fall prevention

Falls: Understanding Risk Factors and Tips for Prevention

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Around 33% of older people fall at least once a year, often even more than that. Falling can result in visits to A&E and even extended stays in hospital. Fractured hips and other severe injuries can have a serious impact on the lives of people who fall so fall prevention should be taken seriously.

The psychological effects of a fall are also to be considered. The fear of falling can reduce the quality of life as an older person may be afraid of going out and falling again. Because they are worried about moving around in case of another fall, they may become less active and their physical wellbeing deteriorates even further – it’s a vicious cycle. Fall prevention should, therefore, play a large part in caring for older people.

Why do people fall?

There are several factors which can lead to falling in older people.


As people age their balance deteriorates over time. Some medications may make people drowsy, and, when combined with less than perfect balance, this can be a recipe for disaster. Many over-the-counter medications will cause drowsiness or dizziness so before buying any of these it is worth speaking to the pharmacist or your doctor to be sure that there are no bad side effects.

Home lighting

For any person with poor eyesight, having a room with inadequate lighting means that they may not see an obstacle which is close by and which poses a threat to falling. Poor lighting means that they may not be able to navigate easily around a piece of furniture.


A leaky roof may allow rainwater in which could cause slippery floors. If floors are left wet, even after mopping them, this increases the risk that a person will eventually slip on them and fall.


Having too much sunlight come in through the window may cause an older person to miss objects in front of them because they are dazzled by the bright light. Extra bright rooms may mean that they need to squint to see things clearly. Rooms which are too dark can pose the same risk.

Shoes and clothing

Shoes that do not fit well and clothing which drags on the floor or restricts walking may cause an older person to lose their balance and trip up. Long, flowing clothing items may get caught on doors or pieces of furniture, while shoes which have no decent grip will cause slipping and tripping. Having heels which are too high is another cause of overbalance and falls.

How to reduce falls

Check the medication

Often there are alternative medications which do not cause drowsiness or dizziness so can contribute to fall prevention. If you take care of a person who has fallen, you may want to talk to their doctor to see if this can be done. A simple change of medication may be all it takes to resume a good quality of life.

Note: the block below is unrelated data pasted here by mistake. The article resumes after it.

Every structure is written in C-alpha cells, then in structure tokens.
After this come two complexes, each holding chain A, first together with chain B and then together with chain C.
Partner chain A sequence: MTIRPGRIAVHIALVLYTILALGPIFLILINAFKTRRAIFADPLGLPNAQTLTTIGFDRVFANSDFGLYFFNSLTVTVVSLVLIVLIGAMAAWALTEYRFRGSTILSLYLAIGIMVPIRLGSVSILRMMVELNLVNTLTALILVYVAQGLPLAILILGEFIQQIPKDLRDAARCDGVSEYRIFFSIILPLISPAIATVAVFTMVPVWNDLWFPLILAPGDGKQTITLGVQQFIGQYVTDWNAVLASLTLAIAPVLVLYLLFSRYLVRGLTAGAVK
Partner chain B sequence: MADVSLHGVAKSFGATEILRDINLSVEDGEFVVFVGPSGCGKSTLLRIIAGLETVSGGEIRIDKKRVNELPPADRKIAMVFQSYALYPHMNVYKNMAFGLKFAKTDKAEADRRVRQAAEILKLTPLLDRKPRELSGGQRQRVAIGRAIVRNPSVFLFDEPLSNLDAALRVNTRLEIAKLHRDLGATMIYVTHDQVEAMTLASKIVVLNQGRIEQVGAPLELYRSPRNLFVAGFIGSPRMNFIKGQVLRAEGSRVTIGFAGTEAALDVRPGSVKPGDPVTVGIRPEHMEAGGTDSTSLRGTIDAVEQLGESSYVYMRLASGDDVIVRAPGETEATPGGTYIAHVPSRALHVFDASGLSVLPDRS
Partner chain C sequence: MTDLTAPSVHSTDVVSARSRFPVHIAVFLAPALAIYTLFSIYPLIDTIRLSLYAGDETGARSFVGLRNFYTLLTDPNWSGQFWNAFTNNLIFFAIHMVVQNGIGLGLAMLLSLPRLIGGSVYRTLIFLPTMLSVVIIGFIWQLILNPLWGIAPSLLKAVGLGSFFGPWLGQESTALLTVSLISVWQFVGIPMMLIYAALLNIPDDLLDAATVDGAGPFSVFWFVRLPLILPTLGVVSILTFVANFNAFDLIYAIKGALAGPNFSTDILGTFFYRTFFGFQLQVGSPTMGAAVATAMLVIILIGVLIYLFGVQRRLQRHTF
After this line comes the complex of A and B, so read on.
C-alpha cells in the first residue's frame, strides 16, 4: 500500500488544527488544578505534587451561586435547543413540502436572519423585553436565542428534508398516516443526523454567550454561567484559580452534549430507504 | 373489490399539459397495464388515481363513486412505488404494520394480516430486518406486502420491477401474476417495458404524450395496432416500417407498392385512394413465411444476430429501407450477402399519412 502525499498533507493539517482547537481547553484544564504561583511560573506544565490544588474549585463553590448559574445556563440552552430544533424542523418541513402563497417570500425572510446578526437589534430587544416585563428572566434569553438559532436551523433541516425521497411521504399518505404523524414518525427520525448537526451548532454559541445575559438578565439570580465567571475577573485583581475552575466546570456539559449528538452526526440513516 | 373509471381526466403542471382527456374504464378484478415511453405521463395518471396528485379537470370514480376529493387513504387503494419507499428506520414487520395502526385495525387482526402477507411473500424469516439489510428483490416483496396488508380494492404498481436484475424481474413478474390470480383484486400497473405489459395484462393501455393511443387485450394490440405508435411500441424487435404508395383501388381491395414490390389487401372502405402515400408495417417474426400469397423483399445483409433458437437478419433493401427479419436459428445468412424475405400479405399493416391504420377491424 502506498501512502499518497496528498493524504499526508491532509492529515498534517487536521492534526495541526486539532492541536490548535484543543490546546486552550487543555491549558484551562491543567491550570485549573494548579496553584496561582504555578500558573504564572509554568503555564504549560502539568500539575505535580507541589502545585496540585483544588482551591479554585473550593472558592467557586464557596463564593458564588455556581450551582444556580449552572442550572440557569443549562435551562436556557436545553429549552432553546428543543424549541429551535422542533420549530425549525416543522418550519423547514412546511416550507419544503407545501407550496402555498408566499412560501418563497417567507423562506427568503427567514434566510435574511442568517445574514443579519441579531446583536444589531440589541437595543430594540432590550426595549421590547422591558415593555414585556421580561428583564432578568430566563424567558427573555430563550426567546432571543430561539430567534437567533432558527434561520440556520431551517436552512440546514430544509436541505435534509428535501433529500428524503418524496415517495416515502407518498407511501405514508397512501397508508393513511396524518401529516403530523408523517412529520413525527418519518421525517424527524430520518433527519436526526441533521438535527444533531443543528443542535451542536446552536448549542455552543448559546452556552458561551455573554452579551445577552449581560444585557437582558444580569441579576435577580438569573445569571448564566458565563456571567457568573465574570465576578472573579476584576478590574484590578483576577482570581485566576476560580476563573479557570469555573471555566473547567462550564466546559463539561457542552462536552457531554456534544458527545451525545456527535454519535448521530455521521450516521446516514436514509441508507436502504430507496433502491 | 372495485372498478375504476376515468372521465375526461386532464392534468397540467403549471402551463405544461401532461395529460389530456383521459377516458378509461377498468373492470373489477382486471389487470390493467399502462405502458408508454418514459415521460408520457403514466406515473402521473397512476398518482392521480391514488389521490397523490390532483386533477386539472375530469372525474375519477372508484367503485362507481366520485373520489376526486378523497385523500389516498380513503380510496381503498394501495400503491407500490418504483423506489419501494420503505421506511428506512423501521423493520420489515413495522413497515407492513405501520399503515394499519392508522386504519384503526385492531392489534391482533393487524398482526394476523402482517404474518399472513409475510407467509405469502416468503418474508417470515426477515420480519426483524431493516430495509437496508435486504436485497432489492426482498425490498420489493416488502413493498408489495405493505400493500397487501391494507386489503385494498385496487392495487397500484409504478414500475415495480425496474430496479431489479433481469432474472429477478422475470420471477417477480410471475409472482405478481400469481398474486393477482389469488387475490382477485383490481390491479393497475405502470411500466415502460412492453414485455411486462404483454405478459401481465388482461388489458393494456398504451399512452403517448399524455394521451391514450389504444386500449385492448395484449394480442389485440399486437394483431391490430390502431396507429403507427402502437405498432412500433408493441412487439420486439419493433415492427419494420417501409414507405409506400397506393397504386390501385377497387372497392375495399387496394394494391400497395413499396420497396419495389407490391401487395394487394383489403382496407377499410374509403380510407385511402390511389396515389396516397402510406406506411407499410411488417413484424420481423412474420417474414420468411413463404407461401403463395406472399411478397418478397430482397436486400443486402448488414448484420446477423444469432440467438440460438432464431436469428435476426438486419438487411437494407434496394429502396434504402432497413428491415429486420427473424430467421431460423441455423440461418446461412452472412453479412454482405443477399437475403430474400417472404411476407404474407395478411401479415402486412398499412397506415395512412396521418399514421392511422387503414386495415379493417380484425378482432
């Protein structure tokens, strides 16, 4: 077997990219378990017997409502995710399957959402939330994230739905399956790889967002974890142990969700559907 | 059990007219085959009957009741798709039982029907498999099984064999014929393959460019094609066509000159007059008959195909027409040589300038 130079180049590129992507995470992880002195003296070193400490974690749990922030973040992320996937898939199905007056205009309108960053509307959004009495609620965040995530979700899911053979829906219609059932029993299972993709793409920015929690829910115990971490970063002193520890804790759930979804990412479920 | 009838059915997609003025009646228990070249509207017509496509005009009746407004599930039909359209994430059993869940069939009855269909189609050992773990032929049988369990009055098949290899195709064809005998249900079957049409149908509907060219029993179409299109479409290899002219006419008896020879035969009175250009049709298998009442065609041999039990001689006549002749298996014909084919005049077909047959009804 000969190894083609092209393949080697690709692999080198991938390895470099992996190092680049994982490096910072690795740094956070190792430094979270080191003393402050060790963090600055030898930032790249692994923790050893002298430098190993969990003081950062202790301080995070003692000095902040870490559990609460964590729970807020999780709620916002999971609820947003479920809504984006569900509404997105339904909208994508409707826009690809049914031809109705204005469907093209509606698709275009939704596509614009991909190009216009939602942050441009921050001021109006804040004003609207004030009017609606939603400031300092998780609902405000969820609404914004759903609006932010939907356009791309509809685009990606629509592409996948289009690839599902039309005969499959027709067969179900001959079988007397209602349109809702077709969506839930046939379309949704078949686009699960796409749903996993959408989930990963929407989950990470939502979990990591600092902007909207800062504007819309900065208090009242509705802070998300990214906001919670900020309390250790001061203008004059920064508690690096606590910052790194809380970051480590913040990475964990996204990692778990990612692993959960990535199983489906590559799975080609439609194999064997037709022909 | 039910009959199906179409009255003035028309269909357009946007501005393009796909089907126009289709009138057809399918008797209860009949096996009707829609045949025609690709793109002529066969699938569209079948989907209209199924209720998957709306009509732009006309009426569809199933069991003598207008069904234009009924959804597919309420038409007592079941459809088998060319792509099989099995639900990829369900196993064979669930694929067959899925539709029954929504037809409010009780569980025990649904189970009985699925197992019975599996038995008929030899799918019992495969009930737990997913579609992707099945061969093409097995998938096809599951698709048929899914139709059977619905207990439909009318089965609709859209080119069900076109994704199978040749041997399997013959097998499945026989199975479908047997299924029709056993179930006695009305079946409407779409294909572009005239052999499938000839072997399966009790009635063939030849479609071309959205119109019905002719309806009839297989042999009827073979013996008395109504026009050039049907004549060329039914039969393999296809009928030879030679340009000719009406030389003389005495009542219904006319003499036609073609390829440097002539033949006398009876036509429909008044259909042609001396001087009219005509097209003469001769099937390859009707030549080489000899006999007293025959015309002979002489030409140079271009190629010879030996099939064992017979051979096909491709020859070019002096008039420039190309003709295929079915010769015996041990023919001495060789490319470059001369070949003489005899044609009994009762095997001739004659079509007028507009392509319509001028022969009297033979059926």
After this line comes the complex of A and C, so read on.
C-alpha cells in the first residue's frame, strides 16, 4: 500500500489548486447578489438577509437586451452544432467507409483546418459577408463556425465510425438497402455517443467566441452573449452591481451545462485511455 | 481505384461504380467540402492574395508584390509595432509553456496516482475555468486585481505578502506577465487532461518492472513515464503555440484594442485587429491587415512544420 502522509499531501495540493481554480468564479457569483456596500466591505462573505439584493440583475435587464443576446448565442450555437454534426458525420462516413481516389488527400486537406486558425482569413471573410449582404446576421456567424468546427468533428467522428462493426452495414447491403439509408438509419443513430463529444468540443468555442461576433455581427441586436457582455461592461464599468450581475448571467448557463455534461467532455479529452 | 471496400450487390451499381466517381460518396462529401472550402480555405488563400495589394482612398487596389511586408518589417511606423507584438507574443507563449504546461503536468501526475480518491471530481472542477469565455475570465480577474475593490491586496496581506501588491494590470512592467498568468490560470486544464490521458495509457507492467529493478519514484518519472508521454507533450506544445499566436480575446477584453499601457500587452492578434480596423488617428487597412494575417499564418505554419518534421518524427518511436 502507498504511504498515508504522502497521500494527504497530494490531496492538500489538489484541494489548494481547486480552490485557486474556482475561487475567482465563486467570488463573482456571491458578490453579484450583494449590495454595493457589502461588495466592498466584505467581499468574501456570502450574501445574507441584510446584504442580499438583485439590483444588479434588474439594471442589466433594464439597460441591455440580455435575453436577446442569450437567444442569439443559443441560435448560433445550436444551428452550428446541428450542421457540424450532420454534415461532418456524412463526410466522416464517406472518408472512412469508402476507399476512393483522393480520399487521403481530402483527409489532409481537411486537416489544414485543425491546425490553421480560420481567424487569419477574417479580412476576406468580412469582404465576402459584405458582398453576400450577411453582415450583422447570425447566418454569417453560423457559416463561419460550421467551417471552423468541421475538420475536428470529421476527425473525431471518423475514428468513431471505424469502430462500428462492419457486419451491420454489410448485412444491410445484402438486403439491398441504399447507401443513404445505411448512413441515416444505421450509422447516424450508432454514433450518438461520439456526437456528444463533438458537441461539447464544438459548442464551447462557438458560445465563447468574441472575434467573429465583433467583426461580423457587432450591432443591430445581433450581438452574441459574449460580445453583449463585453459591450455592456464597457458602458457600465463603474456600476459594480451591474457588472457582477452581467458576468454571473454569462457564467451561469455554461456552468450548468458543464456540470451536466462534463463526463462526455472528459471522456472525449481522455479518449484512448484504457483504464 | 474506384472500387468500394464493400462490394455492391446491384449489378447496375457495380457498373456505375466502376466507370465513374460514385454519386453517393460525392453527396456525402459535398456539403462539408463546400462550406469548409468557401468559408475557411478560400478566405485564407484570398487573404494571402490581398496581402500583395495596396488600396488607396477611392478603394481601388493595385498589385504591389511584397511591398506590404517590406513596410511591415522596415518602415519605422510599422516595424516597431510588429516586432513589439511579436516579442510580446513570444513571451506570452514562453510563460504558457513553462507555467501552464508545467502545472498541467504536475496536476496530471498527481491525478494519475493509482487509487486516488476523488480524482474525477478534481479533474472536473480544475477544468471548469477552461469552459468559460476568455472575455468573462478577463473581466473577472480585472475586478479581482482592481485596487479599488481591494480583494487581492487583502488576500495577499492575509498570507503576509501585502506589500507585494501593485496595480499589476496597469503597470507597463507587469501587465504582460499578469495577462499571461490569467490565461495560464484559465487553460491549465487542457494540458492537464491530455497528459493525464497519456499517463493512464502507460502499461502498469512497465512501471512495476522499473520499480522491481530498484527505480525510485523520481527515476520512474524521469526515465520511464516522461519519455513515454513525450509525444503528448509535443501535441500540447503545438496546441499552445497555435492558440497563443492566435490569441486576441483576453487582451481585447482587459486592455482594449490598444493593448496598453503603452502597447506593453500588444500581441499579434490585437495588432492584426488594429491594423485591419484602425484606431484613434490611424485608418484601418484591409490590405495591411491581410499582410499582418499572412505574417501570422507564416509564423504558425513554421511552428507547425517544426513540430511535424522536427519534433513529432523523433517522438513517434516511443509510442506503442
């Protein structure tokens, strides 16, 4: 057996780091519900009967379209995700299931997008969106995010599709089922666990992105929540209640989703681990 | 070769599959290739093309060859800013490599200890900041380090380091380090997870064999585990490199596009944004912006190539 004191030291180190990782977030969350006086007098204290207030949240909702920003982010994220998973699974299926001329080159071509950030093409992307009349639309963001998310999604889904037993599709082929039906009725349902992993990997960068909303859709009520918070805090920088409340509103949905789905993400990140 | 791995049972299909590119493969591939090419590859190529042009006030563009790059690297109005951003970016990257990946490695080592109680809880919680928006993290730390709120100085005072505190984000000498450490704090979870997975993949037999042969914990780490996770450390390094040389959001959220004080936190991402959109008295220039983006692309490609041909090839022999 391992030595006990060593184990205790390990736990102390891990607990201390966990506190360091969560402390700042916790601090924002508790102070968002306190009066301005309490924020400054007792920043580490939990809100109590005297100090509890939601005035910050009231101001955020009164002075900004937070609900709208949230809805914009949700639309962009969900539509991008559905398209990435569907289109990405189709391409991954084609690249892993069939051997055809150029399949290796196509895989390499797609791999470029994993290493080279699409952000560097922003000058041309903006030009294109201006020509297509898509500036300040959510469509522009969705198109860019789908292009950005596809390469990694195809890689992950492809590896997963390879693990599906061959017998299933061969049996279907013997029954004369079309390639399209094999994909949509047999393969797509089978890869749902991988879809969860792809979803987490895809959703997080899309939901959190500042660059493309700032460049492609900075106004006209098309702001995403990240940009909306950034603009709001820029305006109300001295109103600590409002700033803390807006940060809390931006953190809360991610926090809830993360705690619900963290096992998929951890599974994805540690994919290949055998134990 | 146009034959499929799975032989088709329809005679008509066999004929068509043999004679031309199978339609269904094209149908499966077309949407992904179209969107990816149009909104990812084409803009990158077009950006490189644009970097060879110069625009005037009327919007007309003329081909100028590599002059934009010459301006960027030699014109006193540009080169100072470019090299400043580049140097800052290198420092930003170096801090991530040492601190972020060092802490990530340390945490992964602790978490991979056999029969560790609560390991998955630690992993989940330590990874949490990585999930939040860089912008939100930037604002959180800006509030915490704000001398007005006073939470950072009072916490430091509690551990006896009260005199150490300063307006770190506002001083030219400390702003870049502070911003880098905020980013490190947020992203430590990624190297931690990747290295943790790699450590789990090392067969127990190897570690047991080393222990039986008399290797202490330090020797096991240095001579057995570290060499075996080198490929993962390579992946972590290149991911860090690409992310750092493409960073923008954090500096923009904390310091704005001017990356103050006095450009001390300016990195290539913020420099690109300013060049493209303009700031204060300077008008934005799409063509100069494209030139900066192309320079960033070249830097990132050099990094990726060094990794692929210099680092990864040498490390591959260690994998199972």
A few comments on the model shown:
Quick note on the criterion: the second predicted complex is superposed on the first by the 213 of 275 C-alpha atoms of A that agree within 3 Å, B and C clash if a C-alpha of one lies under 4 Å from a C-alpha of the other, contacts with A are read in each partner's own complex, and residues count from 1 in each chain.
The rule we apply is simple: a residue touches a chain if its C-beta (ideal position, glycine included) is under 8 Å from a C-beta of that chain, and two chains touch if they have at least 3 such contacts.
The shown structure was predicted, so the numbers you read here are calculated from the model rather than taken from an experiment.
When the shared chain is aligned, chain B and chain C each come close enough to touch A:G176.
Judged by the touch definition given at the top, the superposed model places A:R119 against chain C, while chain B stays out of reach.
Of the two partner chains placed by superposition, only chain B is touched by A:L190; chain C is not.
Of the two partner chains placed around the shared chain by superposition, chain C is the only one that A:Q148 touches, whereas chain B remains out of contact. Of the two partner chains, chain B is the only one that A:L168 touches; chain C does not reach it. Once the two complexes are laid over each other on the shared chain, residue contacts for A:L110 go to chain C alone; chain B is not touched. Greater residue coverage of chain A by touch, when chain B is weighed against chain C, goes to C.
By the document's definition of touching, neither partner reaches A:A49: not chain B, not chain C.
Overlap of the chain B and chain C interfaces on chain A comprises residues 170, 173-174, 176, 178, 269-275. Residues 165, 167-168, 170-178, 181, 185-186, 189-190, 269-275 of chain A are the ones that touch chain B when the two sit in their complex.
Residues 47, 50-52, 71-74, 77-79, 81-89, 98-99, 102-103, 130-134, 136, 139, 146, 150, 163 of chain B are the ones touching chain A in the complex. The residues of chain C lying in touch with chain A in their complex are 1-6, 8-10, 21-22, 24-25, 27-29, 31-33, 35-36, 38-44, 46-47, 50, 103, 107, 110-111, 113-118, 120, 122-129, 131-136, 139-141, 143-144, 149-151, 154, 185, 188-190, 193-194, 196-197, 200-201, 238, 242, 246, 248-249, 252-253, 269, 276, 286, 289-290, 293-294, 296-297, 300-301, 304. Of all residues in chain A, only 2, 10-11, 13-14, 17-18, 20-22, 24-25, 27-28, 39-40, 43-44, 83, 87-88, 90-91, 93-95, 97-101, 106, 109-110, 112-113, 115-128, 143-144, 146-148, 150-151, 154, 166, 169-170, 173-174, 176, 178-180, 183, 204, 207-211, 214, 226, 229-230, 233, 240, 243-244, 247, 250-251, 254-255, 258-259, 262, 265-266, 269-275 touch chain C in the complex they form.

Check the environment

Try to put yourself in the place of the person who has fallen. Try to imagine if you were blinded by sunlight or unbalanced. There are several ways to make the environment safer. Loose rugs can be removed or fastened down securely. Small side tables can be placed elsewhere and out of the line of movement. Curtains can be tied back or blinds pulled down. Bed coverings can be tucked in.

Check clothing and shoes

Select shoes that fit well and are not loose. High heels should not be worn. Make sure that the soles of shoes are not slick. Long flowing robes can be shortened so that they do not drag on the floor or catch on pieces of furniture.


If table lamps are dull the bulbs should be replaced to give adequate lighting. Too dark an area does not show up things which can be a danger. Also, too bright lighting may cause a person to not see because of the glare so consider installing simple roller blinds to minimise this problem.

Physical fitness

The benefits of exercise include better balance, stronger muscles and bones, all of which reduce the risk of falls. Good physical fitness a a key fall prevention strategy. If you are uncertain about which exercises are appropriate you should talk to the district nurse or occupational therapist who will draw up a programme to follow.

Use appropriate aids

Perhaps the older person could walk better with the use of a walking stick or walker when they move around the house. If this is the case, then make sure that the area is cleared of obstacles so they can move safely.

Eat well

Healthy eating habits mean a healthy body which in turn will encourage better brain function. Likewise, adequate liquid during the day will also keep a person healthy and alert.

To sum up

Falling should not be accepted as a part of growing old. With a few common sense and easy to implement measures, an older person can still be safe in their own home and enjoy a good quality of life.

This article was provided by www.liveincarefriends.co.uk helping carers find live in care jobs faster.

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